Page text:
God made the world and then said “it is good.” He made trees that were not only “good for food” but also “pleasing to the eye” (Gen. 2). The world is the the work of his hands, and it is more than just “useful.” It is undeniably enchanted, shot through with loveliness and grace. Hidden in the intricacy of each crystal is unfathomable artistry. The overwhelming brightness of the snow makes you squint because it is nothing more than the refracted beams of the Maker’s radiance. The snow will melt, but His glory is unfading (1 Pet. 5:4). All thanks and praise to Him who woos us with his works, washes us whiter than snow, and welcomes us into his house of endless delight.

Come, Behold the Wondrous Mystery
Words and Music by Matt Boswell, Matt Papa, and Michael Bleecker (2012)

The title of this new hymn includes two words that are rarely mentioned in reformed Christian circles: Wonder and Mystery. Our tribe tends to emphasize doctrinal purity, and that is a very good thing; however, this can tempt us toward a posture of certainty in all matters of faith. Our head outweighs the heart and so we bobble-tilt towards the analytical instead of the adorational. Our hymns remedy this imbalance, since music is fundamentally a language of the heart. If all that mattered was orthodoxy (right belief), then we might as well just murmur or mumble the hymns to ourselves, and in church recite the lyrics in bland speech. Why set the words to music? Why the countless mentions of singing (over 500 of them) in scripture? Because singing shapes our affections. Opening our throats opens our hearts. And God wants our hearts.

That is the intention behind the writing of this great new hymn. Matt Papa, co-writer, has this to say about its creation and content:

“When Matt Boswell sent me some of the early lyrics for “Come, Behold The Wondrous Mystery” it caught my attention, because the idea was in perfect stride with the book I was working on at that very time called Look & Live. Look & Live is actually a meditation on the word “Behold” and how that relates to worship, so I was pretty exhilarated to work on a song whose main idea or “north star” was “come behold.” I would say the book and the song really have 2 Corinthians 3:18 as their wellspring…”And we all, with unveiled face, beholding as in a mirror the glory of the Lord, are being transformed from one degree of glory to another, for this comes from the Lord who is the Spirit.” The verse essentially says that to “behold” is to “become”…to see glory, or beauty, is to change. And later in that chapter he says what the “glory” is…specifically…it is the glory of God in the “face of Christ.” So the song rather simply and poetically unpacks the glory that we were made to “behold”…the glory of the person of Christ.”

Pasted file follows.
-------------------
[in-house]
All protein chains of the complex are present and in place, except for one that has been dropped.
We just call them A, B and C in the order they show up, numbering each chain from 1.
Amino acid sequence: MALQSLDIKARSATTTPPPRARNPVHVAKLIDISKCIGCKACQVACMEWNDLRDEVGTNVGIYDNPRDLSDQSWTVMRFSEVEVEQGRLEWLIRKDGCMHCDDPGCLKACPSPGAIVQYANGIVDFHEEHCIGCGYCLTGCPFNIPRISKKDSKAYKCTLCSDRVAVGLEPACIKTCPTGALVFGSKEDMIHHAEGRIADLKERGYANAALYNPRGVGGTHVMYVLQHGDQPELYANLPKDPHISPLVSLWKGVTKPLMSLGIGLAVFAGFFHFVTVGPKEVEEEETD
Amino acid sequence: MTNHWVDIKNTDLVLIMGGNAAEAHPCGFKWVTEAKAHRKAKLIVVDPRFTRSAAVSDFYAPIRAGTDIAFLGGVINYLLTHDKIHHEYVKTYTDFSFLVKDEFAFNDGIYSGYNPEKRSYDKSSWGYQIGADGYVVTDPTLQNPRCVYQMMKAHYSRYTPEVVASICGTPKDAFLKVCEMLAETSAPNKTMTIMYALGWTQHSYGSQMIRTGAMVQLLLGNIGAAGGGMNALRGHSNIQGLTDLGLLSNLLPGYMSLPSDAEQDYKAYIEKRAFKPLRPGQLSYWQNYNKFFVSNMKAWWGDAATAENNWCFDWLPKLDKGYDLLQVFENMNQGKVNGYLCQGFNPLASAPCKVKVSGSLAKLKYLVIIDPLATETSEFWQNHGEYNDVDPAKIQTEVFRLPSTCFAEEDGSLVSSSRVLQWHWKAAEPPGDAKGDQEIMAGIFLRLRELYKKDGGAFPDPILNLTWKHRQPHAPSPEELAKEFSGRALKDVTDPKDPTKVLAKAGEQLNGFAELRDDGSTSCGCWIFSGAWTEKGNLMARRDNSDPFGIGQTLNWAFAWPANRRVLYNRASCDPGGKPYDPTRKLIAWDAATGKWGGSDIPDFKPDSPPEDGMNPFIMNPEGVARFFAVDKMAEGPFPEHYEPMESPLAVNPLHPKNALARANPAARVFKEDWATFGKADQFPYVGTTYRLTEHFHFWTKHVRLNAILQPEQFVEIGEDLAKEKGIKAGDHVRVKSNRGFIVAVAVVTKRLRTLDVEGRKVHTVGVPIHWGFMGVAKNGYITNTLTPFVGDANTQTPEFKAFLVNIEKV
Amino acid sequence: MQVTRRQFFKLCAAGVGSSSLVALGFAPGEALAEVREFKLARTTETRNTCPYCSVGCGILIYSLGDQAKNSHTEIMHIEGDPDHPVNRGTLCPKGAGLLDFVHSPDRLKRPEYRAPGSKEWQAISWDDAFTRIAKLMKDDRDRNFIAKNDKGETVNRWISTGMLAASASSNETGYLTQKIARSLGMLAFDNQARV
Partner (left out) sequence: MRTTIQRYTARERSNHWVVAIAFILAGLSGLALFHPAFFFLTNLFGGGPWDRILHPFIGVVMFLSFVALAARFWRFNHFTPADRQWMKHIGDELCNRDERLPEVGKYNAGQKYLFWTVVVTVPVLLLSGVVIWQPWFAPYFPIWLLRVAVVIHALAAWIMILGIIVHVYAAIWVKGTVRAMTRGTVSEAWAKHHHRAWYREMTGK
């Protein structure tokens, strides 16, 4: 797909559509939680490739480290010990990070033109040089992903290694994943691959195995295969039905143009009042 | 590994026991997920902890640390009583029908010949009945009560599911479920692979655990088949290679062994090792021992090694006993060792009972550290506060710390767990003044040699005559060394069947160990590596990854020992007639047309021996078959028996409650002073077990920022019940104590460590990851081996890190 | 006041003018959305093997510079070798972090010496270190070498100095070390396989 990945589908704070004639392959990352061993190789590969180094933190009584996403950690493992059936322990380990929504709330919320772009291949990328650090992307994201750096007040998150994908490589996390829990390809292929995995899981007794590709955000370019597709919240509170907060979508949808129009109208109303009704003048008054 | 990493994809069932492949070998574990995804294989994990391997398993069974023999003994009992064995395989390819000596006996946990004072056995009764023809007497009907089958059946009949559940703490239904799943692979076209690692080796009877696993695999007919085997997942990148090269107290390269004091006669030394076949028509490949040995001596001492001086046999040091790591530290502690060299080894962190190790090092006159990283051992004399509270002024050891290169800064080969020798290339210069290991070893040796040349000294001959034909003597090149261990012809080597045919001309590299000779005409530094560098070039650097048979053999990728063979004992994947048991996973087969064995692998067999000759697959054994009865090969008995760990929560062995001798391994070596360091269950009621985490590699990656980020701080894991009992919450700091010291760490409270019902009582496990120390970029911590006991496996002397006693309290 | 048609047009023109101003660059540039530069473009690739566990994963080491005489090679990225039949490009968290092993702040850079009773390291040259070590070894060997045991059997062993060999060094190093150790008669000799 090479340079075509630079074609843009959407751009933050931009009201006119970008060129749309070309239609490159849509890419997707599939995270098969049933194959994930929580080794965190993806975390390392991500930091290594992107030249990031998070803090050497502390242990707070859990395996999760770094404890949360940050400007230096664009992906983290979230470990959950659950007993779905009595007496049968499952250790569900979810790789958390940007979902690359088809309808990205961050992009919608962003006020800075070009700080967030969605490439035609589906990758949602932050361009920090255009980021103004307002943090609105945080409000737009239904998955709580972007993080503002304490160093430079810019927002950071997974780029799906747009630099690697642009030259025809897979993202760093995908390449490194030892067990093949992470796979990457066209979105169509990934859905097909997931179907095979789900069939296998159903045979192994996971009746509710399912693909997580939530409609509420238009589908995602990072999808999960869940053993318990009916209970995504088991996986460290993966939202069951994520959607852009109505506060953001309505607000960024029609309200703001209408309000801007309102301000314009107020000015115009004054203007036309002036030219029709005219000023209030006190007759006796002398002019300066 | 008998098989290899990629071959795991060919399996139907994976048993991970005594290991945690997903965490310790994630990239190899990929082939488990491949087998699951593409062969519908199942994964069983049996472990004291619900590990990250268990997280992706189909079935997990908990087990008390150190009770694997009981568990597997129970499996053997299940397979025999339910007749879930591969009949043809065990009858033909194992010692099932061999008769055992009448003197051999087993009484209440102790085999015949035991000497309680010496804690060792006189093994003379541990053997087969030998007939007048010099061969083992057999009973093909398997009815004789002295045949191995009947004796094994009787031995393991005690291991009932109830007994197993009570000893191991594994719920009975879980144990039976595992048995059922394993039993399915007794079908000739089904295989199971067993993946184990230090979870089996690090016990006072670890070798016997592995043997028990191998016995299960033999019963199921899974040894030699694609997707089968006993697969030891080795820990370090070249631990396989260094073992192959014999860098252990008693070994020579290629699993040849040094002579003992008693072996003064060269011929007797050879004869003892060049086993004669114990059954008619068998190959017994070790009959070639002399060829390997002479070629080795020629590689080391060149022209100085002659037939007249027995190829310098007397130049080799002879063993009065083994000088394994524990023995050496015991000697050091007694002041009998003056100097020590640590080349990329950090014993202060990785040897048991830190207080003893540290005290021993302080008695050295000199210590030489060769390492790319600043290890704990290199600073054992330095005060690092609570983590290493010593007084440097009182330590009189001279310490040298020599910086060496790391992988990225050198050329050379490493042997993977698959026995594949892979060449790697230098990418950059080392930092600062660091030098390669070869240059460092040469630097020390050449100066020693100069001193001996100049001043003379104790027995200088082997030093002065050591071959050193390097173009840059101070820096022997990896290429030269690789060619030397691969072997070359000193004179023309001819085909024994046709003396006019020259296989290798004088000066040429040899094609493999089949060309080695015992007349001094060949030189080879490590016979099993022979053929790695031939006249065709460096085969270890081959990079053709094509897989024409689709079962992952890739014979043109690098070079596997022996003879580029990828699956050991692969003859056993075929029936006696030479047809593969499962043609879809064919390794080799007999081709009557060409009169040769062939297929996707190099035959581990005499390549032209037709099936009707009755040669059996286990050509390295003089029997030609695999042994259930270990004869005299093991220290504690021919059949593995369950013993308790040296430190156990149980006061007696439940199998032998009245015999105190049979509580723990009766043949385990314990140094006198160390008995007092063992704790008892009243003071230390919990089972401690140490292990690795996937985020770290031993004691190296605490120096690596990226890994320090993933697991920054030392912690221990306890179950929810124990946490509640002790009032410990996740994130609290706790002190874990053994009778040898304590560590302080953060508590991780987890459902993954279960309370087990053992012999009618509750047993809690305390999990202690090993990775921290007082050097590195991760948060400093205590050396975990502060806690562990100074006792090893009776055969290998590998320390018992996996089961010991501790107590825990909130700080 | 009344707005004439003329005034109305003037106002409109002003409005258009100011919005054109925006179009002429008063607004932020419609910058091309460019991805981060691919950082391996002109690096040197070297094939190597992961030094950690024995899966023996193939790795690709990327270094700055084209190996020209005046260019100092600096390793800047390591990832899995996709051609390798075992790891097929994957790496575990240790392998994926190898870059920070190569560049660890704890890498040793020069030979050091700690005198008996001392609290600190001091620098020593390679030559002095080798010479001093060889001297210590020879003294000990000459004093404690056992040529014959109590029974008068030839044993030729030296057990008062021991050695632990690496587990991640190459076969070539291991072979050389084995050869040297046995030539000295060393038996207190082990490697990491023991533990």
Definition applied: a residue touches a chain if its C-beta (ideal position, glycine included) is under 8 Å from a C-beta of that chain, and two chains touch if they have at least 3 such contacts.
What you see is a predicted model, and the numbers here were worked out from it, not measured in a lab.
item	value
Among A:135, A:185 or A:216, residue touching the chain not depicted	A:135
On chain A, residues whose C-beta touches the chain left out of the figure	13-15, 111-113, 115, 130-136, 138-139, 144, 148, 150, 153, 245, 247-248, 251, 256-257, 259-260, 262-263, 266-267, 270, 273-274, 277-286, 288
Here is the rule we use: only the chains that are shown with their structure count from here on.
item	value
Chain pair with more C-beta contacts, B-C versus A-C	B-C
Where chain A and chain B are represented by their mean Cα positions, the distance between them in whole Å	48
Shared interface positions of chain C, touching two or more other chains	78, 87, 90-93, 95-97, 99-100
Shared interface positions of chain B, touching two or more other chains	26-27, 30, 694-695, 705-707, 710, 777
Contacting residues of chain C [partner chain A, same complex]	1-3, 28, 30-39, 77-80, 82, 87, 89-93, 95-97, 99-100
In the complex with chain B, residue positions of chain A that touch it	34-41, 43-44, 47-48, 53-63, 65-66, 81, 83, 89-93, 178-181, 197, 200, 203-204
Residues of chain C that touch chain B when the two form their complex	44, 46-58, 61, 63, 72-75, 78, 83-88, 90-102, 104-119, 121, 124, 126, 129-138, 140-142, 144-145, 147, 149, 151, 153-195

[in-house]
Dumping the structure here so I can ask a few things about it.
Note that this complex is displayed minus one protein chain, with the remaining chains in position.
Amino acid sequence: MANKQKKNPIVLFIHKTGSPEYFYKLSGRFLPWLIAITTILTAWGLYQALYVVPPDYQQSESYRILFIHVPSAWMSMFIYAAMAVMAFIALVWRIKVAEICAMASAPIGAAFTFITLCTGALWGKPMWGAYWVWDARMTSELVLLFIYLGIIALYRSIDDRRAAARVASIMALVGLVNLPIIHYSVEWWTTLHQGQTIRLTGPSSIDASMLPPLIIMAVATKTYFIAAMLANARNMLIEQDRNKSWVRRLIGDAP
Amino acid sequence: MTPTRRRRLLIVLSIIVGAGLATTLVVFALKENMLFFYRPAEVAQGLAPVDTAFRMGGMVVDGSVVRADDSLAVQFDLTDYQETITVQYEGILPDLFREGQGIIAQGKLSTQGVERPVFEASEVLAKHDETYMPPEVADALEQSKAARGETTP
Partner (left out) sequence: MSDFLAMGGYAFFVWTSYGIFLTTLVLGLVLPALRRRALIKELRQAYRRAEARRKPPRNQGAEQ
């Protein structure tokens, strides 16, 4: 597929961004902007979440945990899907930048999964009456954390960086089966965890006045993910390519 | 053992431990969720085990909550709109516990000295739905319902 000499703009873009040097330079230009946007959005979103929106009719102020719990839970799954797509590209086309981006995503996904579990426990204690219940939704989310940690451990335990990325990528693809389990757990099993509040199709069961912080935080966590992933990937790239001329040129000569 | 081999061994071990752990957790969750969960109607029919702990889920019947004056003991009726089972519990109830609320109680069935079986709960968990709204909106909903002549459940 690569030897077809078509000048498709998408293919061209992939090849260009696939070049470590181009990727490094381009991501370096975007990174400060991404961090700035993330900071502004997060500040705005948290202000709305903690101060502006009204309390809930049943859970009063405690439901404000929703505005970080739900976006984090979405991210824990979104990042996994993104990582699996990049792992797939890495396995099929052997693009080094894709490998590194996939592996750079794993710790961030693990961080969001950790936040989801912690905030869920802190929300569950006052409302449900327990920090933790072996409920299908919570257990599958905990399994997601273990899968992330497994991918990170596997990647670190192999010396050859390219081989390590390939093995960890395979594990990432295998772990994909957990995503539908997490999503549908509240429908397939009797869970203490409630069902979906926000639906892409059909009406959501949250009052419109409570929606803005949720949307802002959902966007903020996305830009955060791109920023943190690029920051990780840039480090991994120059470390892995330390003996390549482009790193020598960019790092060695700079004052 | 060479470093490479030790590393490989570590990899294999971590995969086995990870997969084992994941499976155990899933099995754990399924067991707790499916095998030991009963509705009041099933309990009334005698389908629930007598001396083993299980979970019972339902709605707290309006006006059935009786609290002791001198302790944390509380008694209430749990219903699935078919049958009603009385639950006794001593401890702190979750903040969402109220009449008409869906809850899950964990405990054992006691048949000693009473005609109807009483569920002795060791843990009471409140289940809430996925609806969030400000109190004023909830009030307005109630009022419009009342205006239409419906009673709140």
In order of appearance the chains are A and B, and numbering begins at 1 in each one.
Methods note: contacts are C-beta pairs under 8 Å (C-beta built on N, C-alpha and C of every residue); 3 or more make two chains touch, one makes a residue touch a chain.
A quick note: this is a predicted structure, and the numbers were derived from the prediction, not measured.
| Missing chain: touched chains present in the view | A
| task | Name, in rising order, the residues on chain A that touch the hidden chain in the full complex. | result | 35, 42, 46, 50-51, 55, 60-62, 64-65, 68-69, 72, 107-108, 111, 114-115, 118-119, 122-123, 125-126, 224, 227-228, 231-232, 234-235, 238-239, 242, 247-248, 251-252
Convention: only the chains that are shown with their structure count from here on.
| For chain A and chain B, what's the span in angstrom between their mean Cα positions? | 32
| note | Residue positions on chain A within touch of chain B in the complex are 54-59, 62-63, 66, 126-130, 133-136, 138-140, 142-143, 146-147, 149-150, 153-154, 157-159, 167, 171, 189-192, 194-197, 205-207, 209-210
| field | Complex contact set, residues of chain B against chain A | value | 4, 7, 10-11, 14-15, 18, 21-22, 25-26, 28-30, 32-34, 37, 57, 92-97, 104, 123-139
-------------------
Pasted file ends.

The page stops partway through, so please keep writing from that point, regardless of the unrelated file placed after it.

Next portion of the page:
The four verses of the hymn “unpack” this glory by focusing on the chapters of the life of Christ, inviting us to behold each one, pondering the wonder and mystery of our Savior. Verse one announces the birth of Christ, “the dawning of the King…robed in frail humanity.” Verse 2 celebrates the life of Christ, “the true and better Adam.” Verse 3 invites us to the cross, where we behold the death of Christ, “the Lord upon the tree.” And the final verse heralds the triumphant resurrection of Christ. Matt says that as he was working on each verse he was…

“trying my best to fight to communicate the “mystery of the Glory…the paradox of it. The gospel is a “mystery” (Colossians 1:26, Ephesians 3:6, 1 Peter 1:12), and “mystery” and transcendence is a thing that the modern church has been lacking in for some time.”

This great text is set to a simple, strophic tune. It is a folk-like melody that lends itself to many different musical interpretations and styles. It is very easy to sing, and like our recent snow, I think it will stick.

Suggested recording (my favorite), this one is just piano and vocals at a pastors’ conference. Listen to those guys sing!
A few other options:
Recording (w/ lyrics) by co-writer Matt Papa
Live recording from the Getty “Sing” conference